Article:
You know those final days of term? The ones where you’re just wishing time away and you have your sights set firmly on the holidays… The hard work will soon be over, and you’ll just be able to enjoy life. What a great feeling.
For me, those days still exist. I’ve never really left education. I went from school straight to university and ; teaching; now living in a boarding school. I still have those feelings at least six times a year. What’s more, where we live now is undeniably amazing. The house we live in is beautiful. The garden is huge and great fun. The village is lovely. The people around us are great to be with. It all makes everything about the holidays even better. We can enjoy all the privileges of home without any of the labour, the toil that comes with it during term time.
And then I read this from Philippians:
“For to me, to live is Christ and to die is gain” And I thought how similar that was to waiting for the holidays. Here at work, we are doing what we firmly believe God has called us to. We are able to work in the lives of many young people and serve them and serve God through that. Our life is an opportunity to touch the lives of others with God’s love. That makes me think of the lyrics from Casting Crowns’ song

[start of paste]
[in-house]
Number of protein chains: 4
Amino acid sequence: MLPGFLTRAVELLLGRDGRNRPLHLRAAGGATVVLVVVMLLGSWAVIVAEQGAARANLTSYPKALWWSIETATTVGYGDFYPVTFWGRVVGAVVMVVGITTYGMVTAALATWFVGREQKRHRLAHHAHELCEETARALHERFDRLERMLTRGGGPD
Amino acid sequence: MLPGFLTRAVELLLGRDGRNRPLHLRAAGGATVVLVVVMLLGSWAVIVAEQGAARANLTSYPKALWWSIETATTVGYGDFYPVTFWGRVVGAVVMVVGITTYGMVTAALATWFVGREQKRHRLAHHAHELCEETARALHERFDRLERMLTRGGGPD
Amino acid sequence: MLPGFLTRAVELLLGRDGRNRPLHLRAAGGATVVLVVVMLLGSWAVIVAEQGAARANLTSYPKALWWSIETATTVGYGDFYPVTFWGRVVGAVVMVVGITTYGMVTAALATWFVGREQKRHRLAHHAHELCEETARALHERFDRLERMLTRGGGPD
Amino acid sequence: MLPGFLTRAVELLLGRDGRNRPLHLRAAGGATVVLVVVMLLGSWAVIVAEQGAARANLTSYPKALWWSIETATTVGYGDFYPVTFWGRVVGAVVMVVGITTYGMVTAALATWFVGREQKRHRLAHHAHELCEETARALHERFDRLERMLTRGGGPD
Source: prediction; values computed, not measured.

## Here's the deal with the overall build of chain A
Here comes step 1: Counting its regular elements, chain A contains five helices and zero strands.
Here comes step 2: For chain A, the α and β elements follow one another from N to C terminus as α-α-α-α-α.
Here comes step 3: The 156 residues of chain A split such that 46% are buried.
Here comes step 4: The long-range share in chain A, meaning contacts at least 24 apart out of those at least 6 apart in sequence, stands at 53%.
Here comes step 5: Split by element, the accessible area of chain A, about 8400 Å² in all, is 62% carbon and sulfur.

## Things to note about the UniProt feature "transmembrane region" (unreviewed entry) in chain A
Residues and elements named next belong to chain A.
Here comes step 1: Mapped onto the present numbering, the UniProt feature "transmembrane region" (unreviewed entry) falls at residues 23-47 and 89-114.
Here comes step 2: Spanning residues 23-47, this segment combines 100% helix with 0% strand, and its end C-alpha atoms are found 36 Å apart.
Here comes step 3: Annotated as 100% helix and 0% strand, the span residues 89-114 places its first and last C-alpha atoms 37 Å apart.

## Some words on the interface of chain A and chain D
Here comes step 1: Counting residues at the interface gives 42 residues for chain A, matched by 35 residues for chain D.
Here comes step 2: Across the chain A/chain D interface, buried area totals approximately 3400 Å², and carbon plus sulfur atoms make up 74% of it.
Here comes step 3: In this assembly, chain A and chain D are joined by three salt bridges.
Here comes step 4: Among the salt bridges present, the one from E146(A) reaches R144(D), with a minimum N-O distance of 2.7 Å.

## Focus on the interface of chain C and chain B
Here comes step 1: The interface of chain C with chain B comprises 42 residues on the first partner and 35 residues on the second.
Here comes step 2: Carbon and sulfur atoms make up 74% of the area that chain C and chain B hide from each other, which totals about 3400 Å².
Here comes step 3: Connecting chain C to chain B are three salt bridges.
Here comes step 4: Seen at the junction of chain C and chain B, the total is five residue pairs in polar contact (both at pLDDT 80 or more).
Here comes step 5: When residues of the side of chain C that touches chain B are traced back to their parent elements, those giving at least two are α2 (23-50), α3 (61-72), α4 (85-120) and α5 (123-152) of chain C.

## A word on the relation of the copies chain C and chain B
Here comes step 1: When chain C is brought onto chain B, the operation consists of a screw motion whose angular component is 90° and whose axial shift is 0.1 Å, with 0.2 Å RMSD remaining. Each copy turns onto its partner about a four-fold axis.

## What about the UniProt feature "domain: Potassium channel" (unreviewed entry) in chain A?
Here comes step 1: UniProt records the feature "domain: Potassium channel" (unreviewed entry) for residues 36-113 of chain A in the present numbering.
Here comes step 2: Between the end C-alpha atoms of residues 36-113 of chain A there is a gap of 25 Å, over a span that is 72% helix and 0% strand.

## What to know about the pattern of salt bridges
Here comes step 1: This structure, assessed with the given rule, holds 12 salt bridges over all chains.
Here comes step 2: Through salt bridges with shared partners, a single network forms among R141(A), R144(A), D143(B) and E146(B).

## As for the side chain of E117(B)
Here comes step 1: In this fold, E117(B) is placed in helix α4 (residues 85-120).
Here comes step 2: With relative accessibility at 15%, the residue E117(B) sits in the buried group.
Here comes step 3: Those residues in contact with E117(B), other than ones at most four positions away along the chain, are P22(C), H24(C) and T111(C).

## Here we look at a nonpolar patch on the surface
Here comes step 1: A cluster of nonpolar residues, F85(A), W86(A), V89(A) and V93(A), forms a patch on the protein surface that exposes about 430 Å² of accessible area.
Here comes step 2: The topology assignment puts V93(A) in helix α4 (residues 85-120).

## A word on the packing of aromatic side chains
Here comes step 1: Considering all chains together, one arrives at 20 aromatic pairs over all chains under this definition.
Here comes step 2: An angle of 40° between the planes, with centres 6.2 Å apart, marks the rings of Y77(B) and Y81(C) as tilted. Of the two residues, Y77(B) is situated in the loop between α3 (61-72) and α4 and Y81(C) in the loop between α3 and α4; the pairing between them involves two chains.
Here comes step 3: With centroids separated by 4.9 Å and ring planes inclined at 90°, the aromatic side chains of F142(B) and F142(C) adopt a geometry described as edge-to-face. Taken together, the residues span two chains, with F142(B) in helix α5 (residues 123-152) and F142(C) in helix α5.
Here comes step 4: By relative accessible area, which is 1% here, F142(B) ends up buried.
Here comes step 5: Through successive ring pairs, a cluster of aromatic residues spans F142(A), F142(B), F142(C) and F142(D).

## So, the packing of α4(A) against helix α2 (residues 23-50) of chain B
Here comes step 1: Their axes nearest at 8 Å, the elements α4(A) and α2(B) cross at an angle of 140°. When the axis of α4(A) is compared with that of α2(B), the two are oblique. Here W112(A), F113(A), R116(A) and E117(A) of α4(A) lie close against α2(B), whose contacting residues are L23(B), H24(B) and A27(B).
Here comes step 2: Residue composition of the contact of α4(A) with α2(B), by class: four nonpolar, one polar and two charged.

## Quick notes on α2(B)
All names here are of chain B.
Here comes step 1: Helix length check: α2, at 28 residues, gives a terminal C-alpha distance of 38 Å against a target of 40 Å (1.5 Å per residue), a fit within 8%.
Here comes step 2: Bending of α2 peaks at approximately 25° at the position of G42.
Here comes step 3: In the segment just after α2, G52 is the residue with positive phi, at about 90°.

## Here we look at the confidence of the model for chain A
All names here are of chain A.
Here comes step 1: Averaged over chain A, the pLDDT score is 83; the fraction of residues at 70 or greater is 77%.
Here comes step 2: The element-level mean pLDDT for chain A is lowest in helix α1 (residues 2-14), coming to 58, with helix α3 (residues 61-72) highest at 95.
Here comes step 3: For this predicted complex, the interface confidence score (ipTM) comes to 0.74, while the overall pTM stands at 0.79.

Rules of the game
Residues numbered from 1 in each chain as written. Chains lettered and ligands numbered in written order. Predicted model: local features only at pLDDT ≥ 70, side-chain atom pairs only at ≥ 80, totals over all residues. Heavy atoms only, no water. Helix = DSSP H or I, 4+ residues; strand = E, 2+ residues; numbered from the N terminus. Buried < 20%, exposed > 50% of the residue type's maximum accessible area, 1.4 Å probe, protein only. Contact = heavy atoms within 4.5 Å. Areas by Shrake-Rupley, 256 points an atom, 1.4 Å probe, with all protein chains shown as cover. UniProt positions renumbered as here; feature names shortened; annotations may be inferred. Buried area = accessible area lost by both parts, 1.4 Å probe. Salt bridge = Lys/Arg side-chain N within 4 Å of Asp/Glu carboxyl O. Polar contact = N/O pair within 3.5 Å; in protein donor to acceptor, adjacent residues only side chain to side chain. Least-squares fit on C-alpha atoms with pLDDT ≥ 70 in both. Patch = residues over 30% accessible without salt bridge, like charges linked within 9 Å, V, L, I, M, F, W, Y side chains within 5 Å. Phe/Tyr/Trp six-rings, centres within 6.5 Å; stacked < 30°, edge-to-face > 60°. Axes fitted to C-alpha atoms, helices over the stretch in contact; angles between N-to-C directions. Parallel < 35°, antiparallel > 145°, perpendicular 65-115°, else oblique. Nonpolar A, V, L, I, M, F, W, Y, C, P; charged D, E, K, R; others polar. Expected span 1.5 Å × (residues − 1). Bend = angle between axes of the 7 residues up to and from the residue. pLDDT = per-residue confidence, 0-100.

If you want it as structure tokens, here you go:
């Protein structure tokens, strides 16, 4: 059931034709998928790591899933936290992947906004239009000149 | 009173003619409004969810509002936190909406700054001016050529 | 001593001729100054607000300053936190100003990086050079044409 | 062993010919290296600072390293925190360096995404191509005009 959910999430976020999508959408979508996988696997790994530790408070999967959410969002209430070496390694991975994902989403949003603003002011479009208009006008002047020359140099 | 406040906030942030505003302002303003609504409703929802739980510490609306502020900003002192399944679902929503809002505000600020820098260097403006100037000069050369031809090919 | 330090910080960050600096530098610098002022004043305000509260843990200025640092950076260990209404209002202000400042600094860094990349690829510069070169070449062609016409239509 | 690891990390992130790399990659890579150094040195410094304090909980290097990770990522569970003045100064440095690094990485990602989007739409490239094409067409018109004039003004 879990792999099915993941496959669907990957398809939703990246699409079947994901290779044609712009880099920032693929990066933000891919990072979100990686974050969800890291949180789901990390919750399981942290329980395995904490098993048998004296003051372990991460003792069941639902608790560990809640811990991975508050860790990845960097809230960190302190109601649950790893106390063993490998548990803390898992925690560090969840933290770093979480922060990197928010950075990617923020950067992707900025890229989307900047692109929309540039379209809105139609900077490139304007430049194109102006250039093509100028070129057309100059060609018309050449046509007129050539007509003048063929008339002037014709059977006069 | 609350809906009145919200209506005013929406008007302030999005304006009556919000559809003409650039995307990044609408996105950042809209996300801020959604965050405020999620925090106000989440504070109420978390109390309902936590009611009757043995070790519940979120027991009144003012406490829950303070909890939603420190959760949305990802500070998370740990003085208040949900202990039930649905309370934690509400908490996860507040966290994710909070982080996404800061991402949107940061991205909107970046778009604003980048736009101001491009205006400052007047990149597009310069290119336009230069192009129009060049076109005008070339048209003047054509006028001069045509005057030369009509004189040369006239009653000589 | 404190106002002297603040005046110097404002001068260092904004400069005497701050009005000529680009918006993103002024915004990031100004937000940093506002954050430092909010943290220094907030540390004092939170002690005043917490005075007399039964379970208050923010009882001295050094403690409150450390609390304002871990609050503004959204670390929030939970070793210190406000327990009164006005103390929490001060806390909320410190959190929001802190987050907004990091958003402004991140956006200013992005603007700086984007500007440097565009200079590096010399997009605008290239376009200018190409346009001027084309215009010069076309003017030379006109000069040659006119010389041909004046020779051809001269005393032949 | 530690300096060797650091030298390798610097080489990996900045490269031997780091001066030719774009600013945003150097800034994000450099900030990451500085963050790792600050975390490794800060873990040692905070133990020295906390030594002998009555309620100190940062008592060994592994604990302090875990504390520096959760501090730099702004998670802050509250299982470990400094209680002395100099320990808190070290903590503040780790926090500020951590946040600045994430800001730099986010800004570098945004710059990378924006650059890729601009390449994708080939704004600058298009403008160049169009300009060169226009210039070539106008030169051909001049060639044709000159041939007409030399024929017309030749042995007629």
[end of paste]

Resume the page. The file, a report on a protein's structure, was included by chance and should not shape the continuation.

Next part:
But if we are the body
Why aren’t His arms reaching?
That’s what living is about, surely. Being part of the body of Christ and all that means.
And yet, we still look forward to the holidays. Though the service is good, and it’s the right thing to be doing, we still look forward to the holidays. And maybe that’s kind of what Paul is saying. Right now, he knows that he is doing a good work: “…it is more necessary for you that I remain in the body [that is, that he doesn’t die yet]” And so he presses on with the work of term-time. But he’s still longing for the holidays. He’s looking ahead to the time when the work is done, and he can simply enjoy being in the company of his God and his heavenly family: “I desire to depart and be with Christ, which is better by far”
This isn’t a morbid, “I wish I was dead”. That’s a dangerous road to travel. But it’s not at all what Paul is talking about here. It’s a yearning for something far greater than what he’s experiencing at the moment. I really get that. There are times in my life when I can say, with Paul, “to die is gain”. I’m not wishing myself dead, I’m not resenting the life that I have, though the burden of sin is certainly something I’m looking forward to getting rid of. Rather, I’m looking ahead to a time when the toil and labour of this life is completed. The bell signalling the end of term has rung.
I’m looking forward to the holidays.
What about you?